Karen Eccles, Commercial Director UK, Innovid outlines four factors that advertisers should consider as TV continues to shift to digital.
The transformation and fragmentation of TV over the last decade has caused more than a few headaches for the advertising industry. The same advertisers who were once in control of seemingly captive TV viewers are now at the whim of a viewing audience with far less patience and way more options. Advertisers that adapted quickly and diversified their media spend – and their overall approach to video ad content – are finding that what’s good for viewers is actually good for them, too. In fact, that’s precisely the name of the TV game.
Despite viewers and brands such as Channel 4 and Sky making a successful shift from traditional TV to digital, it isn’t as quick and seamless for advertisers, whose journey to digital is only the beginning. Factors like ad-free subscription models, content that’s limited to certain devices, ad retargeting, data, and decreased attention spans have not only created a need for a number of entirely new video ad formats, they’ve also introduced the need for video strategies that span several channels simultaneously – each with its own separate set of rules.
The result is an overall TV shakeup where anything with a screen is competing for ad spend traditionally allocated to TV advertising, and any content that entertains and engages is considered competitive to traditional TV programming.
With this in mind, here are four factors that advertisers should consider as TV continues to shift to digital.
1. The subscription TV model is less reliant on ad revenue (and therefore, on ads)
TV cord-cutters have officially ushered in a new era of subscription-driven video content that is no longer driven by ad revenue. This means that they don’t expect (or want) to see traditional TV ads. In fact, part of what viewers are paying for with their subscriptions is the luxury of not having to watch ads at all. Advertisers need to find new, innovative ways to reach and engage these cord-cutters in non-intrusive ways and have access to viewability and performance metrics.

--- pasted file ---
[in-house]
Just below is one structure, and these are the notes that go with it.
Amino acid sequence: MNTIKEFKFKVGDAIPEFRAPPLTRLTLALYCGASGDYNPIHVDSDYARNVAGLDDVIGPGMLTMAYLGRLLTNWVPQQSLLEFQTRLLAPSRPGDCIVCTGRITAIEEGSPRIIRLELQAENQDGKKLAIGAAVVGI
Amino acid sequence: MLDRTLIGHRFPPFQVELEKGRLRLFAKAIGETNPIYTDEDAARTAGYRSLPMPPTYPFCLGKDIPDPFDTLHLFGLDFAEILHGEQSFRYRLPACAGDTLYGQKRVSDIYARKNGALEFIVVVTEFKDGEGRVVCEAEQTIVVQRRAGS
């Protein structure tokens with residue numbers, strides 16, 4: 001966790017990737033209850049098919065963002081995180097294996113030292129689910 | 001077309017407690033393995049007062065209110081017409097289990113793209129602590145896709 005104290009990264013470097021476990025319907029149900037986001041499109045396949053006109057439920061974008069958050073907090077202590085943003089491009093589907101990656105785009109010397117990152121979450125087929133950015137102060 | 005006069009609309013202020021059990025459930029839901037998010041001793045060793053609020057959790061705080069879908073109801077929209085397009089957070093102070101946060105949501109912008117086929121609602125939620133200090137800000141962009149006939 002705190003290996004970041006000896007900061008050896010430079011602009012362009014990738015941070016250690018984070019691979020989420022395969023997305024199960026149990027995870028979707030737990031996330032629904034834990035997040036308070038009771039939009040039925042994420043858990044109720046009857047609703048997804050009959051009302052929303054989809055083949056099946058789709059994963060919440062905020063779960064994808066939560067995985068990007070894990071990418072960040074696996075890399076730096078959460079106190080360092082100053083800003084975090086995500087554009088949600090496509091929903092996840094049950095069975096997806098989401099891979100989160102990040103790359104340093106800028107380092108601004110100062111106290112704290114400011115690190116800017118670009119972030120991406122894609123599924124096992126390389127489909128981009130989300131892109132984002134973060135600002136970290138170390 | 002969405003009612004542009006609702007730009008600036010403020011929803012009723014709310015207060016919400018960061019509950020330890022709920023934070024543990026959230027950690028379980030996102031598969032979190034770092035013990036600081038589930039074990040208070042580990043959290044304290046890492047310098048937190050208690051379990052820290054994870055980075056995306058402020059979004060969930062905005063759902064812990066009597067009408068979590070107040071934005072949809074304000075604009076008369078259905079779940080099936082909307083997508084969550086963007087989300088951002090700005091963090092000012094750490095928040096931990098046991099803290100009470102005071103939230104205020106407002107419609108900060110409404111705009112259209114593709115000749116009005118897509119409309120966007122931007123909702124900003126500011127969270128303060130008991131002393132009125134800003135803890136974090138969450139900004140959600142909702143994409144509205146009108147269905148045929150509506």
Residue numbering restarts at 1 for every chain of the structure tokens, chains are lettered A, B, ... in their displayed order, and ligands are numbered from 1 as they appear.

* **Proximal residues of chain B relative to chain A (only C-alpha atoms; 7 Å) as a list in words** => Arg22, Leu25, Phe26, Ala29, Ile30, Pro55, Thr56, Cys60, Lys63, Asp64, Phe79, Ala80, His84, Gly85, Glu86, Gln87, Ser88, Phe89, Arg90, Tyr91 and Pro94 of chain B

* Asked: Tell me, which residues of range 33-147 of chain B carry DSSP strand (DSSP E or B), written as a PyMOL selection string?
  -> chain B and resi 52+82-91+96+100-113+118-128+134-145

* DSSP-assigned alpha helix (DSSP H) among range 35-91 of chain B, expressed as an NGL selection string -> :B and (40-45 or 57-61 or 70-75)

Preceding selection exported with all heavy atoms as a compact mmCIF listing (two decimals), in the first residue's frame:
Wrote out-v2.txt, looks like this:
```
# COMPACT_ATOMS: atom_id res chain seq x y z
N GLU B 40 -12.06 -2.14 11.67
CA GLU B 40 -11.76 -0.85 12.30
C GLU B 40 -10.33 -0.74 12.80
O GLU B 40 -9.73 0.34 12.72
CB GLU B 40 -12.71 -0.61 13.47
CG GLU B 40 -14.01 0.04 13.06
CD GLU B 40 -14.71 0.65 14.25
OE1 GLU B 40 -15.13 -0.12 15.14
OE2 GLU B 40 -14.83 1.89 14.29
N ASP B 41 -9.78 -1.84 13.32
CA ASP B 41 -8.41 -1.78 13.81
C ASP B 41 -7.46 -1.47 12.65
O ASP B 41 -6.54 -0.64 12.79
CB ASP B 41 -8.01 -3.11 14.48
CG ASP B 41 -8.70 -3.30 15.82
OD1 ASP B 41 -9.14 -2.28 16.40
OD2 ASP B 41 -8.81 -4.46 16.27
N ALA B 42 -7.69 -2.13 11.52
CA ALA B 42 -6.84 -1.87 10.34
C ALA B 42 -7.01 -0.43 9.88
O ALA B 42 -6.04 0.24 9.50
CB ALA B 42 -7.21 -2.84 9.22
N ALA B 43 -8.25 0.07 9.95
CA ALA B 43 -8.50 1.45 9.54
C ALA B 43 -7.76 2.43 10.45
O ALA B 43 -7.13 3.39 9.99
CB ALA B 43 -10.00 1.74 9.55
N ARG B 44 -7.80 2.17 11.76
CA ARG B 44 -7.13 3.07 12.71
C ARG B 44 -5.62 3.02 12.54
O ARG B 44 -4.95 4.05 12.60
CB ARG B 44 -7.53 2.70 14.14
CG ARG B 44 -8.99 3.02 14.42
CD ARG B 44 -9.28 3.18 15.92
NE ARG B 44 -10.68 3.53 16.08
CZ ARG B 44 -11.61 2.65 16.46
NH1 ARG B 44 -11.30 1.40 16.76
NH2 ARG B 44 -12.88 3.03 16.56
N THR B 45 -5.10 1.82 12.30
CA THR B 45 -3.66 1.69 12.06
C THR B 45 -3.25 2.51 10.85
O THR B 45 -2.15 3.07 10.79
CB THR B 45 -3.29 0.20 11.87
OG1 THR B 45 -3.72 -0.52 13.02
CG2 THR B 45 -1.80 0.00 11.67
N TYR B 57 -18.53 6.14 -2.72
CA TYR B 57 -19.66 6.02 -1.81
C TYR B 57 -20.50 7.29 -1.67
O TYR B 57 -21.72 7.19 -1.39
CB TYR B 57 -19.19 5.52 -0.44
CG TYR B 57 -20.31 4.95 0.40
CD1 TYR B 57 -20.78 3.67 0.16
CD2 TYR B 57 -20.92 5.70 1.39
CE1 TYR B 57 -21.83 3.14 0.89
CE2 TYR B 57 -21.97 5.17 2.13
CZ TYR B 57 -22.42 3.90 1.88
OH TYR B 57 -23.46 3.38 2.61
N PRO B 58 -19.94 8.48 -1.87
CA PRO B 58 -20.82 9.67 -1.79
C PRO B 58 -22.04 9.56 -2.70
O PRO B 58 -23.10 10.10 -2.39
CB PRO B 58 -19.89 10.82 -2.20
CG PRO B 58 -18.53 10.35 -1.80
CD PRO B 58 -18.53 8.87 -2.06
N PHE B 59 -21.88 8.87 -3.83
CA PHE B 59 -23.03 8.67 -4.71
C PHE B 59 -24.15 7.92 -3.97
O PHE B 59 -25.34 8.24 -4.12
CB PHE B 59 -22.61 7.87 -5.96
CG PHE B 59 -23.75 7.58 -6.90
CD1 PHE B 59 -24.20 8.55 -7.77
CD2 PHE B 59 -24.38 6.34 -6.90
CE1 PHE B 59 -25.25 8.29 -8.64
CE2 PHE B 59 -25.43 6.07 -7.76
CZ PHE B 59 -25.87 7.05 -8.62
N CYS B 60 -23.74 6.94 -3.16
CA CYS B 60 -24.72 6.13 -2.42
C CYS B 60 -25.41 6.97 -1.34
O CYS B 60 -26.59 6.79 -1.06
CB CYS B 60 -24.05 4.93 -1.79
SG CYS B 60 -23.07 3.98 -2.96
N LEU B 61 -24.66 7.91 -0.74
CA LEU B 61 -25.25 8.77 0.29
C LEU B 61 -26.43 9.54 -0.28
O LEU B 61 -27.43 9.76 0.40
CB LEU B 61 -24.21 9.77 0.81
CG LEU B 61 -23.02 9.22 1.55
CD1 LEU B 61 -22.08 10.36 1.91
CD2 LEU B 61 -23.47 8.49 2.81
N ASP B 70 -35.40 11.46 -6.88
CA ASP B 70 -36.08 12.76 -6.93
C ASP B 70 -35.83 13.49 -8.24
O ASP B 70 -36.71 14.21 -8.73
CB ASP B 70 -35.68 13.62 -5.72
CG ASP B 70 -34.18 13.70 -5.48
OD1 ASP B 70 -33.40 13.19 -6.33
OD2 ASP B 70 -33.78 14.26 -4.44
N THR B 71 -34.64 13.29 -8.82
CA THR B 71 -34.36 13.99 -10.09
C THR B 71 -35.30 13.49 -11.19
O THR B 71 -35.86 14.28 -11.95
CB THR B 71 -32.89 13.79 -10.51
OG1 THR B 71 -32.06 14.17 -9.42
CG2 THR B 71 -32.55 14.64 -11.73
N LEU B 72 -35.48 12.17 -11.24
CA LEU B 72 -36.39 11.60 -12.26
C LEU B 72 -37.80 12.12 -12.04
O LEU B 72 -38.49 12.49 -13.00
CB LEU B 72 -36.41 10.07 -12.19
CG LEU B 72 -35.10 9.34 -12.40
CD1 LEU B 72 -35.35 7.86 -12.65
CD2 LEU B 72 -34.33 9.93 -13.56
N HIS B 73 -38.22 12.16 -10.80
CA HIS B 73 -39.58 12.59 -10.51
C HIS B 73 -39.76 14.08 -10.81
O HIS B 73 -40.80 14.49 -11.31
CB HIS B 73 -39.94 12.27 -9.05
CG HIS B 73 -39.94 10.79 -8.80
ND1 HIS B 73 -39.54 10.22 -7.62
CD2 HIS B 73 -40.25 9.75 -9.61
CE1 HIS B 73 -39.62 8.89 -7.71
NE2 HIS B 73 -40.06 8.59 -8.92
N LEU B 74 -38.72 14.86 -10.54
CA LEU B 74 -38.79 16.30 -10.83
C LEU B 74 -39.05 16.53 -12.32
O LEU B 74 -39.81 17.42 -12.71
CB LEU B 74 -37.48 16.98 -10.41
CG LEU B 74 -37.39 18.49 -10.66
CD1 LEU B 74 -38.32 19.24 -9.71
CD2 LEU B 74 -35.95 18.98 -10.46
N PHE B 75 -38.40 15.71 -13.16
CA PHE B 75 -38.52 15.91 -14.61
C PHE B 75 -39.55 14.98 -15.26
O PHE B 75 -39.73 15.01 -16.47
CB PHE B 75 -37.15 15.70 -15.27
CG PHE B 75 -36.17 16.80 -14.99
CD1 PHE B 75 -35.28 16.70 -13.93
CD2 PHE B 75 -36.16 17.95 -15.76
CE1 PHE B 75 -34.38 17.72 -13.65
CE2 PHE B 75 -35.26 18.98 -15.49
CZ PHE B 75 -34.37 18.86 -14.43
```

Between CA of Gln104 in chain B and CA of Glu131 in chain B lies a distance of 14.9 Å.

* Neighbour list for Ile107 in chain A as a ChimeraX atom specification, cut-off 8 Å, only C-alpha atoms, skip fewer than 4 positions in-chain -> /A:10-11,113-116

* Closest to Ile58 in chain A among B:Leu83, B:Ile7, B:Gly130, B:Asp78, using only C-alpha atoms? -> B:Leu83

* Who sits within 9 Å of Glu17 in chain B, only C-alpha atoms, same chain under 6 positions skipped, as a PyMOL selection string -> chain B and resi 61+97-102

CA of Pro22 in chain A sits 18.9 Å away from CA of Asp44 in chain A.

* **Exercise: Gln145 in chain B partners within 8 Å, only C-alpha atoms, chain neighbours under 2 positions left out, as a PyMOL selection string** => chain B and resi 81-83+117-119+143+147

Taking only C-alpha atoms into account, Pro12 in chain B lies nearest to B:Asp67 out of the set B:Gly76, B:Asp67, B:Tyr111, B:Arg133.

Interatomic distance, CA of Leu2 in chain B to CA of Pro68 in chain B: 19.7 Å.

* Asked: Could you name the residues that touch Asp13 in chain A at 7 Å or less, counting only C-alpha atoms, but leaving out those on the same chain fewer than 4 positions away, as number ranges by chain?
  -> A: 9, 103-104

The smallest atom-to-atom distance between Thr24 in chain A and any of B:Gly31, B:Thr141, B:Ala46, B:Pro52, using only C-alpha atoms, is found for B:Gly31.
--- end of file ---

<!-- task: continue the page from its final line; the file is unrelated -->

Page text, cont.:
2. Advertisers will follow the viewers, not just the content they’re watching
Advertisers are intimately familiar with the idea of running ads during specific shows their target audience is watching. What they haven’t had to deal with, until recently, is having to buy ad space for shows that only run on specific devices. Apple, for instance, doesn’t create its own content, but as it delves deeper into the TV game, it’s entering deals to license exclusive content that will only be viewable through Apple TV. Advertisers follow viewers, so those who want ads in front of Amazon Prime viewers, for example, will need to take the extra step to ensure their ads are everywhere their viewers are.
3. Social media is giving TV a run for its money
Just recently, Facebook announced that video ads are coming to Instant Articles, allowing publishers to insert an additional ad unit at the bottom of every article. Snapchat has also proven to be an important player. With its reported 10 billion daily video views, Snapchat has become a “must buy” for reaching millennials.
Moving ad spend to social media isn’t just a matter of diversifying advertisers’ media buys; it introduces a number of new ad formats too; considering that each platform varies and has its own style of “micro-advertising”. Platforms like Facebook, Snapchat, and Pinterest each offer different features that allow advertisers to quickly catch users’ attention and account for vertical scrolling. The more interactive the ad format, the more likely the viewer is to notice, engage, and share the creative. Once the viewer opts in, interactive elements can expand the experience with additional content, thereby extending the amount of time the viewer spends with the brand.
4. TV ad retargeting is taking off (again)
Ad retargeting isn’t a new concept, but it’s finally hitting critical mass among video advertisers. Viewers are watching video content across connected devices and no longer want to see the same video as they move from device to device. Instead, they expect to see an evolving sequence of personally relevant video ads.
The good news is that advertisers can make use of behavioural, demographic, and collaborative data generated by online activity, and in turn, use this to filter audiences and target specific segments with relevant content. A car company, for example, might “learn” that a desktop user has been searching for a children’s highchair. Rather than deliver a video ad for a sports car, this new insight will trigger the car company to serve an ad for a car to better match the viewer’s lifestyle. Each new encounter and engagement (or lack thereof) can generate more valuable information for the advertiser.
By Karen Eccles
Commercial Director UK